HC Deb 13 April 1937 vol 322 cc769-70
22. Sir Nicholas Grattan-Doyle

asked the Secretary for Mines by how many tons Tyneside shipments of bunker coal were down in 1936, as compared with 1935, owing to the shortage of bunker coal available; and whether it is proposed to take steps to make larger supplies of bunker coal available on the Tyneside?

Captain Crookshank

The total shipments of bunker coal from Newcastle (including North and South Shields) were 88,476 tons less in 1936 than in 1935, but I have no reason to believe that this was due to shortage of coal. My answer to the next question by my hon. Friend, deals with the second part of this, question.

23. Sir N. Grattan-Doyle

asked the Secretary for Mines whether he is aware that a shortage of coal available for bunkers in the United Kingdom has compelled vessels to bunker abroad; and whether he proposes to take steps to secure that larger supplies of bunker coal shall be made available at United Kingdom ports?

Captain Crookshank

I am aware that earlier this year difficulties in obtaining supplies of bunker coals were experienced. To some extent this was due to the effects of the influenza epidemic among mine-workers. I am not aware of any recent cases where ships have been compelled to bunker abroad because supplies are not available in this country. I am continually impressing upon the colliery owners the need for taking every, step which would increase supplies of coal.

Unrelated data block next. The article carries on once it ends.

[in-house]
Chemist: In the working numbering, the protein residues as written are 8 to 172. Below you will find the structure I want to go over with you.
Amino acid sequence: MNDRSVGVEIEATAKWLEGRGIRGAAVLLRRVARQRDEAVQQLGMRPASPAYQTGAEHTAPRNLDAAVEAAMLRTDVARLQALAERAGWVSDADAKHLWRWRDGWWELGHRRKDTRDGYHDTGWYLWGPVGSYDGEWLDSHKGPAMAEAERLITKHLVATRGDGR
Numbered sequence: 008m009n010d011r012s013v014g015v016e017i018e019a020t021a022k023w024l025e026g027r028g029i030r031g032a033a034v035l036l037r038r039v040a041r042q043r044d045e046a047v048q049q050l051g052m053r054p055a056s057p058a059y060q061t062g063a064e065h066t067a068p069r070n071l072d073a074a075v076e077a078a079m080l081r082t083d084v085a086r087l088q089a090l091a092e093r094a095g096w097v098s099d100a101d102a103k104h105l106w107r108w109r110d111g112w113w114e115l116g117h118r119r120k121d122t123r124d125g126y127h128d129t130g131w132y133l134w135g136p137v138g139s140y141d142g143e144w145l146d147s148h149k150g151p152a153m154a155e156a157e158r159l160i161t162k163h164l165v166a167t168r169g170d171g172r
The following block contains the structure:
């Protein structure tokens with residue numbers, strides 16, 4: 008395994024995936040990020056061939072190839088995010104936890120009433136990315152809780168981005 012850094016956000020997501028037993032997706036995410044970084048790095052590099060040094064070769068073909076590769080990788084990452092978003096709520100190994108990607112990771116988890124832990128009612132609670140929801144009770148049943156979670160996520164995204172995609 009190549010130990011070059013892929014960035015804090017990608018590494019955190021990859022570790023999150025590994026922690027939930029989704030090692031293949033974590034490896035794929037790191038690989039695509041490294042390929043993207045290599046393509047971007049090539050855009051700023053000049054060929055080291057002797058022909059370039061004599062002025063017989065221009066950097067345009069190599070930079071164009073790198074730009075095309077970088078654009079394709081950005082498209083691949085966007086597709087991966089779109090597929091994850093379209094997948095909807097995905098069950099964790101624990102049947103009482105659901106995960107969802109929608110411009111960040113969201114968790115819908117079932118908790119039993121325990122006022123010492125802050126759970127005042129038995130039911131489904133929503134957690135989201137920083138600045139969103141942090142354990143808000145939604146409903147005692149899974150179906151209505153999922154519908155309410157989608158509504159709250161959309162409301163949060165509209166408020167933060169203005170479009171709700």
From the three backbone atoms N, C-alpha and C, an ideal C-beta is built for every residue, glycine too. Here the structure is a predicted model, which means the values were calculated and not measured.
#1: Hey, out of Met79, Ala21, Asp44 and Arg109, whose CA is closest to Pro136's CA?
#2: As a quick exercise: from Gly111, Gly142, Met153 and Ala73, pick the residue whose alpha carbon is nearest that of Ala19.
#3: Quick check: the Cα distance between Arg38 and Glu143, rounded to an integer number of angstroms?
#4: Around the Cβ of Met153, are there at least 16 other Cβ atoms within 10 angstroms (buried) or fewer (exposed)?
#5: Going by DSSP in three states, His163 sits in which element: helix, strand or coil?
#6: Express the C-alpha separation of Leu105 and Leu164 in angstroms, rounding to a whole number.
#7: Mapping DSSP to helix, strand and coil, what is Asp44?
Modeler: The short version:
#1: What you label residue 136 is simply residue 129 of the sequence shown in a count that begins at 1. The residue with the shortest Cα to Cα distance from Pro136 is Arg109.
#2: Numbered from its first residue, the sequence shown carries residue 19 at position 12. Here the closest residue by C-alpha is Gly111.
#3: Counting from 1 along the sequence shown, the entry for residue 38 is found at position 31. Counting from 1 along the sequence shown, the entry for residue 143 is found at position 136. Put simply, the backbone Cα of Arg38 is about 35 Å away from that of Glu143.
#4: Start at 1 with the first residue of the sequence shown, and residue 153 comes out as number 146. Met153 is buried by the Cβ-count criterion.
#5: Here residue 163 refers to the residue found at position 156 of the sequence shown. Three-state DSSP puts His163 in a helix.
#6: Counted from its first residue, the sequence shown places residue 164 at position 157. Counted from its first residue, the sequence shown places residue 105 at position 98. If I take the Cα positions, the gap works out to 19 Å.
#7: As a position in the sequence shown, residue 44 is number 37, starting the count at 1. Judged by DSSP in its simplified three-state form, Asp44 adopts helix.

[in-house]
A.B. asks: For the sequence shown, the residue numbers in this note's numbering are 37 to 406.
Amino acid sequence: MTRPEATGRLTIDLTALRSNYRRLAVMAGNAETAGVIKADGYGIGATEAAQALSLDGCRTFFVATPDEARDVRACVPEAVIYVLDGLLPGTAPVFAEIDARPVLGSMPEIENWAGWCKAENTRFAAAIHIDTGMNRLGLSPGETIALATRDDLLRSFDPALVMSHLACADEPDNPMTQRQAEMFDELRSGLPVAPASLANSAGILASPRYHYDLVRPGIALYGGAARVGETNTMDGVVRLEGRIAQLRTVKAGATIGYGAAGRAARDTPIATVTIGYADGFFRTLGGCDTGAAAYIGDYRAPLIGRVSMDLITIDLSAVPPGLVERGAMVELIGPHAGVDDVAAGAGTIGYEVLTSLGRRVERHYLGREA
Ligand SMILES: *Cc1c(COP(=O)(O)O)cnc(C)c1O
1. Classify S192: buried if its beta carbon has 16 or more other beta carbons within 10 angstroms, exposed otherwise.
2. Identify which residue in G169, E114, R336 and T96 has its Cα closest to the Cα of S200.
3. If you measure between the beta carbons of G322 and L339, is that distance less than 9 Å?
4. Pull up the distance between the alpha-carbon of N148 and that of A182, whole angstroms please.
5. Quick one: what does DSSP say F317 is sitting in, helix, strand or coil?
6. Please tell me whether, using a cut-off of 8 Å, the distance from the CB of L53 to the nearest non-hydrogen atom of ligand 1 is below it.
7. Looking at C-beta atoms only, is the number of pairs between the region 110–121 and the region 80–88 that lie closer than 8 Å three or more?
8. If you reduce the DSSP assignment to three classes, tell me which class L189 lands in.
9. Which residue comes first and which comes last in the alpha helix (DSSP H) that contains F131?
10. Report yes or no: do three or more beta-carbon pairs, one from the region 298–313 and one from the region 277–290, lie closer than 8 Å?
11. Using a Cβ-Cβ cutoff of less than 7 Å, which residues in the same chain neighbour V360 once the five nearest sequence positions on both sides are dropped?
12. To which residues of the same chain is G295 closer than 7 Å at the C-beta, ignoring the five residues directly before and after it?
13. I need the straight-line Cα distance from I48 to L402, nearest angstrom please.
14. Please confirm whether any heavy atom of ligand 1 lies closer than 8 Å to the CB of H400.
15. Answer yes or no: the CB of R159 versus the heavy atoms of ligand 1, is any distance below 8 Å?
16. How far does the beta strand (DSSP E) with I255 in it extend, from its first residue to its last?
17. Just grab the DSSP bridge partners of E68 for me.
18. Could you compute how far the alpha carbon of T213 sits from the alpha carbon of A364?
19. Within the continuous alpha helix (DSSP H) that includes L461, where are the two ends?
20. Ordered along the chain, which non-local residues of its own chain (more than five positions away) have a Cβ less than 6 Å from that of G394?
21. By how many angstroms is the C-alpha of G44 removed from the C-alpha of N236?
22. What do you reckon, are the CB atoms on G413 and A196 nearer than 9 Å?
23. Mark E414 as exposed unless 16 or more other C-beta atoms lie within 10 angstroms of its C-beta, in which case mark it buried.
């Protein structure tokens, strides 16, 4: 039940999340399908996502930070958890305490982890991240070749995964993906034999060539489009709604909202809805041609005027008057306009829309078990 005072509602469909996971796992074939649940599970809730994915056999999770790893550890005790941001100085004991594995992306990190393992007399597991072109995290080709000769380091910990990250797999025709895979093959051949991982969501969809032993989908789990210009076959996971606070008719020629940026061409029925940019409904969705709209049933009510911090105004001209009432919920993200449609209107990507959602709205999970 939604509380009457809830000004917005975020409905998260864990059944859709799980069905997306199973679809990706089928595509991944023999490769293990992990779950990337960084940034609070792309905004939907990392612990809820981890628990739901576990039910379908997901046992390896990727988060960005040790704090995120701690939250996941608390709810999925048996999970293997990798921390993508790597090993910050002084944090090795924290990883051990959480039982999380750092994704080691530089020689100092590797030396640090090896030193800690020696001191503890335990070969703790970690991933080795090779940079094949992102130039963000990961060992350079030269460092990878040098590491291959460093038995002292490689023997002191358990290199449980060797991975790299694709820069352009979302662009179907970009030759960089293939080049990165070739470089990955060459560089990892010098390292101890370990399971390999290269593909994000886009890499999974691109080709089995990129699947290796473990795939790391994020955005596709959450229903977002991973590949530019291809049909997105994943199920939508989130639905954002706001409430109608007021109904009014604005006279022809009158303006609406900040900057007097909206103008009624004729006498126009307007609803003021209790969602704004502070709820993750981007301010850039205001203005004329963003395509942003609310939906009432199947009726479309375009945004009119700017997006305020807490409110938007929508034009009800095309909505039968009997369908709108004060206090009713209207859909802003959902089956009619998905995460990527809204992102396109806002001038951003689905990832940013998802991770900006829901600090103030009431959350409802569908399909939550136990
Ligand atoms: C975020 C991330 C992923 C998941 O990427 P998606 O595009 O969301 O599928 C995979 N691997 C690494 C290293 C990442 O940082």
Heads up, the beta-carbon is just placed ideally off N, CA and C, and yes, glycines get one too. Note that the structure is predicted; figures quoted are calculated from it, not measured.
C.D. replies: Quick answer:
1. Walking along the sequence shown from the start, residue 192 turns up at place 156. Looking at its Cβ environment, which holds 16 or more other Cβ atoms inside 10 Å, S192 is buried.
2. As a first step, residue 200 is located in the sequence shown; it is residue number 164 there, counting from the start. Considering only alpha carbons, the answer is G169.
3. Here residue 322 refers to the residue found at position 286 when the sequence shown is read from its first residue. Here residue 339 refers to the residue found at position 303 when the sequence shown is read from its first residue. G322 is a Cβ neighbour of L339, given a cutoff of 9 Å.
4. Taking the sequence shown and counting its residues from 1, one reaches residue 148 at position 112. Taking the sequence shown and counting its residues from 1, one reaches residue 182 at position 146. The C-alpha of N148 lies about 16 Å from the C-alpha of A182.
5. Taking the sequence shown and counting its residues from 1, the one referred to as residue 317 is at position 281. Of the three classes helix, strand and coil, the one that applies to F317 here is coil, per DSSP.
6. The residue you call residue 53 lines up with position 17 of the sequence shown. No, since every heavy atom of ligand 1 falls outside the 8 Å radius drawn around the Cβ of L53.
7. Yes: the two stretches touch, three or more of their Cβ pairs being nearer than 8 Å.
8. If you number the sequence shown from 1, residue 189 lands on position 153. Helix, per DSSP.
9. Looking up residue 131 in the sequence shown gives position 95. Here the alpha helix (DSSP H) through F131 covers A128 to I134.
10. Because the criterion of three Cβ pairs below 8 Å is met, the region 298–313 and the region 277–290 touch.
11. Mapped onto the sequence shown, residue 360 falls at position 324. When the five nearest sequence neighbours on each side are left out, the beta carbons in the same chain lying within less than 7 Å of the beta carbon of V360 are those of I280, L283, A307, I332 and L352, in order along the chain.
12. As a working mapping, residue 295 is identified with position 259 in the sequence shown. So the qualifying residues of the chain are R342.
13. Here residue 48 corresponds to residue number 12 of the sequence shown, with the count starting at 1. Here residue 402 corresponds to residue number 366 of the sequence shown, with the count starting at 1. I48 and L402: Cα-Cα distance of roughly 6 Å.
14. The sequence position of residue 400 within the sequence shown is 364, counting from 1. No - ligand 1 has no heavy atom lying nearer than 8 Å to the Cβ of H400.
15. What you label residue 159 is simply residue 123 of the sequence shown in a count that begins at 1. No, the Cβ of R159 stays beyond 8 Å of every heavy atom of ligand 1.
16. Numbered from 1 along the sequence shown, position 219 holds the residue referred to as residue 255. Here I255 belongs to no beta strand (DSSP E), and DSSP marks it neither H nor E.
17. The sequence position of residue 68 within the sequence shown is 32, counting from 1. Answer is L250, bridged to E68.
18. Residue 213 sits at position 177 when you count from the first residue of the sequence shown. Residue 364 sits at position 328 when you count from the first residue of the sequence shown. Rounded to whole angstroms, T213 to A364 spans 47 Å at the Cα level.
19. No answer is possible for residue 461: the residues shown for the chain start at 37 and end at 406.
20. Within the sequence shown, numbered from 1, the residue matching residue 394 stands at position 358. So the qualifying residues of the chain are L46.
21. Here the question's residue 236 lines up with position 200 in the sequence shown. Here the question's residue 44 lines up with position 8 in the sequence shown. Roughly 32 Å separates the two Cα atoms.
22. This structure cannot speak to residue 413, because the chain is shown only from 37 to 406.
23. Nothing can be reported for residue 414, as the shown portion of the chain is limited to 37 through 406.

Mr. Batey

If there is difficulty in Northumberland and Durham in getting coal, will the Minister do anything to try to get the pits reopened?

Captain Crookshank

Yes, Sir, that was what I referred to when I said that I was continually impressing upon colliery owners the need for taking every step to increase supplies.